‘Settlers of Catan’ board game review
By Ed Appleby, Illustrator
In the world of board games, there are a few game changers for the industry. Games that change how board games are perceived, like chess, Monopoly, and this week’s game.
Settlers of Catan is a resource management game for three to four players, designed by Klaus Teuber and first released by Franckh-Kosmos Verlag in Germany in 1995 under the title Die Siedler von Catan. You compete against other players, attempting to advance your newfound society on the island of Catan by building settlements, expanding roads, hiring knights, and constructing specialized buildings. This is done by gathering five resources: wood, brick, ore, wheat, and wool. The first player to get to 10 points wins.
The game focusses on two very important elements: where you place your settlements and how well you trade with other players, not unlike Monopoly. Territories are given a number between two and 12, and resources are awarded by the roll of the dice to everyone with a settlement bordering that territory. Some resources are more common while others are more rare, so trading with other players is vital. As there are several ways to get points in the game, there are many different strategies that players can use to win.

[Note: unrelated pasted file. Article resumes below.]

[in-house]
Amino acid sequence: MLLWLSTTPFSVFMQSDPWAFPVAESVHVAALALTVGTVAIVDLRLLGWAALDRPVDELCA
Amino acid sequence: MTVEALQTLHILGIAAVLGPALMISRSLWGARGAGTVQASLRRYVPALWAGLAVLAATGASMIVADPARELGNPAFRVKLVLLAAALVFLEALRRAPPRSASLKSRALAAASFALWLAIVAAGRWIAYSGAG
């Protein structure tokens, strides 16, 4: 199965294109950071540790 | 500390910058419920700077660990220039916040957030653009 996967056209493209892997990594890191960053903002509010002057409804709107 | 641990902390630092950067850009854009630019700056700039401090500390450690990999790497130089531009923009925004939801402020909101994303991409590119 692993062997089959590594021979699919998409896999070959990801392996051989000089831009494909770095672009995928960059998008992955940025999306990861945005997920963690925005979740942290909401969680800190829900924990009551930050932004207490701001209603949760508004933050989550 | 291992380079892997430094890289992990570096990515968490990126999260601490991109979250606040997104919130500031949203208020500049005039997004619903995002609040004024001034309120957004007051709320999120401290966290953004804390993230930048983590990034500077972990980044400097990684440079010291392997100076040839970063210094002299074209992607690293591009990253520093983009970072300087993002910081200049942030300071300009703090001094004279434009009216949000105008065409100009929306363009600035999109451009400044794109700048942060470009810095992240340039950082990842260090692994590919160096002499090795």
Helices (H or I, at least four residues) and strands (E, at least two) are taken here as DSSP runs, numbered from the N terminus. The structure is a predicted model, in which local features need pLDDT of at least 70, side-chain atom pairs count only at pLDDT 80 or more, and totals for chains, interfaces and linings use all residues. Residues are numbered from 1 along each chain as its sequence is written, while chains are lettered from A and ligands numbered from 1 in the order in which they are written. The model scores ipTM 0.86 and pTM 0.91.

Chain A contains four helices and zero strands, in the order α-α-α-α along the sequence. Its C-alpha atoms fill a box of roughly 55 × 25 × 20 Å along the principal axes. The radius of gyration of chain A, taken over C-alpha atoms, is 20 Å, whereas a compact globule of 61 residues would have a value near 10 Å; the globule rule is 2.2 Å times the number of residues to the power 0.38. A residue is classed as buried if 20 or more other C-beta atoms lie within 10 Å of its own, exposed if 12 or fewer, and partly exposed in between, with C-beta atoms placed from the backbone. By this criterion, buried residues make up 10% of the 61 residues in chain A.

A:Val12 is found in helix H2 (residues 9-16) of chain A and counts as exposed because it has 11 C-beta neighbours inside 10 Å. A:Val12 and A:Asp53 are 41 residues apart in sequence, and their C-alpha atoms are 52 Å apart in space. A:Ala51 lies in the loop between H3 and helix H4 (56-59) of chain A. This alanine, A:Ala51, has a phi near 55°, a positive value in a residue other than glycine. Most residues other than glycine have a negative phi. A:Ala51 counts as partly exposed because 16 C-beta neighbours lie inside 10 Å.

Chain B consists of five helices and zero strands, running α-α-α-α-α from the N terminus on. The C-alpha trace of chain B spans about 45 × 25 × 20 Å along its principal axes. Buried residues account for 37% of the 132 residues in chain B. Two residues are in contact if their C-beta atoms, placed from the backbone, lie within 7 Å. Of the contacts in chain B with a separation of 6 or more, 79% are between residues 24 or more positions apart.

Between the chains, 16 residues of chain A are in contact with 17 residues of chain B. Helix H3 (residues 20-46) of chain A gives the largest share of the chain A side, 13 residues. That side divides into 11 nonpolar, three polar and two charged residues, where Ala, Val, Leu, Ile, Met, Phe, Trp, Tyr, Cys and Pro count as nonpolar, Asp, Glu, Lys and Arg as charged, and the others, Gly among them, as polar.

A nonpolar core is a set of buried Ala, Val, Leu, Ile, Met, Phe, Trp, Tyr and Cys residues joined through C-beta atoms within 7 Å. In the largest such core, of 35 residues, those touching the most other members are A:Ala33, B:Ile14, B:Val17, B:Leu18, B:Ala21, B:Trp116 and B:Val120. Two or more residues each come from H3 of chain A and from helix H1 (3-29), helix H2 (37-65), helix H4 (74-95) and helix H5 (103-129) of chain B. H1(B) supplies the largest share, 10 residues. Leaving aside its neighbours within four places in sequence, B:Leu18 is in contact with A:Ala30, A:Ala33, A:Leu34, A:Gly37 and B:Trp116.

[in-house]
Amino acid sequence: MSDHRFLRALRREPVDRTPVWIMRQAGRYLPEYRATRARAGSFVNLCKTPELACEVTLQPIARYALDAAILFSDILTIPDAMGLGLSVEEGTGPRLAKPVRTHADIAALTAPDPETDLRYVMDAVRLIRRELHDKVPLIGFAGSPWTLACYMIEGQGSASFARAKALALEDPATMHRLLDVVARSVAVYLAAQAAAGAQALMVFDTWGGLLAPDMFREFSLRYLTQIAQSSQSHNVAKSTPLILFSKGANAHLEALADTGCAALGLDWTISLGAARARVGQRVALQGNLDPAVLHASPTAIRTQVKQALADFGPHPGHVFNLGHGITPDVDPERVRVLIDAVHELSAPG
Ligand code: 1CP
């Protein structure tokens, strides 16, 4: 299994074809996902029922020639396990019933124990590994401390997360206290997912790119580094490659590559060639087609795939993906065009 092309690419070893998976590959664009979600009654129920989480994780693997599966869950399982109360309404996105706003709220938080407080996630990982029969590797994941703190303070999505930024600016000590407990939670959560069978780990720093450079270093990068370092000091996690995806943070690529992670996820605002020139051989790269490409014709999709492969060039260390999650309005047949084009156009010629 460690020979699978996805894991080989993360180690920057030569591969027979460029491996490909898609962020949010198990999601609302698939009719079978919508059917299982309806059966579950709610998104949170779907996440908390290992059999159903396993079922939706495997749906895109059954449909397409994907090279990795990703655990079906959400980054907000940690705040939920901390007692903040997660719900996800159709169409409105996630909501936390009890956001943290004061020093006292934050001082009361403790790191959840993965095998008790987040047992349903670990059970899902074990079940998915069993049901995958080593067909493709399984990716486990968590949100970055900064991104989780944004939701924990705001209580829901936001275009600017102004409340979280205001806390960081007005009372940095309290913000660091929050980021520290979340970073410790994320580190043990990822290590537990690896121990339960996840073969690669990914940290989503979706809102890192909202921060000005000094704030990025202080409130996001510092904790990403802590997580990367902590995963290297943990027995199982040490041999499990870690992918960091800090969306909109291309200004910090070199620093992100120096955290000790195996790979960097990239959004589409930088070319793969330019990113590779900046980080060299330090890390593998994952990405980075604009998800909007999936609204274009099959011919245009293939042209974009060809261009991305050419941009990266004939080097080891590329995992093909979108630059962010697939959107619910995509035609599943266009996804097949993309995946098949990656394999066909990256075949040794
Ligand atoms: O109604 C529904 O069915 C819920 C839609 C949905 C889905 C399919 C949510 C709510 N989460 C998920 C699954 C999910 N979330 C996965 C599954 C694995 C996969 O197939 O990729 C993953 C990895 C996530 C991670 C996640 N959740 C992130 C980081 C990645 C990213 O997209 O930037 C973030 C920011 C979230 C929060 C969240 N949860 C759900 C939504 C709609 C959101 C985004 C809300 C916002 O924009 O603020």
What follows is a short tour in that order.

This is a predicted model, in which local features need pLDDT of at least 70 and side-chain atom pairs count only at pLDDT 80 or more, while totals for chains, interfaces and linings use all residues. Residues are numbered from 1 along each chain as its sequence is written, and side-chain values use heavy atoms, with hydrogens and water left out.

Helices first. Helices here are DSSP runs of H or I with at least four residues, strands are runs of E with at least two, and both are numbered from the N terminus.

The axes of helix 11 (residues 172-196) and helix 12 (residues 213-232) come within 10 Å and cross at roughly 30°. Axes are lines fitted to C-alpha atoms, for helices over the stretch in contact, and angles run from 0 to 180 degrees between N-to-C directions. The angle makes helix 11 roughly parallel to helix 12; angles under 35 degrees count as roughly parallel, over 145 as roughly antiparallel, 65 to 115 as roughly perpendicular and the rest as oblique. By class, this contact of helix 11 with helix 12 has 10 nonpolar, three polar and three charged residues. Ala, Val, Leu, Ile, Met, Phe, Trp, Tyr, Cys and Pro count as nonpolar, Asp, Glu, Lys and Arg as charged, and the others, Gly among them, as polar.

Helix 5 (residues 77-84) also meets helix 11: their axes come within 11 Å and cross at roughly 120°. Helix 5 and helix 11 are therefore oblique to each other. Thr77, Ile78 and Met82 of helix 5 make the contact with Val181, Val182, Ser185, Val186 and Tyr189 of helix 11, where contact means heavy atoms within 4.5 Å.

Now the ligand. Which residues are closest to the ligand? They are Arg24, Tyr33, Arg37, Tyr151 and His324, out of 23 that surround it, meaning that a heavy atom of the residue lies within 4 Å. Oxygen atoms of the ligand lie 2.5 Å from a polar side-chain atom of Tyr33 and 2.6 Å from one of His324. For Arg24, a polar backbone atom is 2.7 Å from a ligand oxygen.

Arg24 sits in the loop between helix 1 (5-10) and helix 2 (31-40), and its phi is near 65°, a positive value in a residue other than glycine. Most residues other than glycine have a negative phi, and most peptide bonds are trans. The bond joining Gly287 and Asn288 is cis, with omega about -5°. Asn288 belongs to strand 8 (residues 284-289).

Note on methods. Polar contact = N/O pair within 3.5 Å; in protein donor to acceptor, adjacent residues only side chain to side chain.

The game is great fun and well-balanced. It’s simple enough that you can carry on a conversation during gameplay, yet complex enough to keep players engaged in the game, almost to rage-induced table-flipping levels. My one criticism is that you can sometimes find yourself in a no-win situation, which can reduce enjoyment of the game. But that can easily be turned around in the next game and, since each game usually lasts less than an hour, that won’t be long.
Settlers of Catan is considered the icon of European-style board games, and can also be considered one of the best games ever made. The gameplay is simple enough for new gamers and deep enough to keep more experienced players engaged. I recommend it for everyone who wants to up their gameplay to the next level.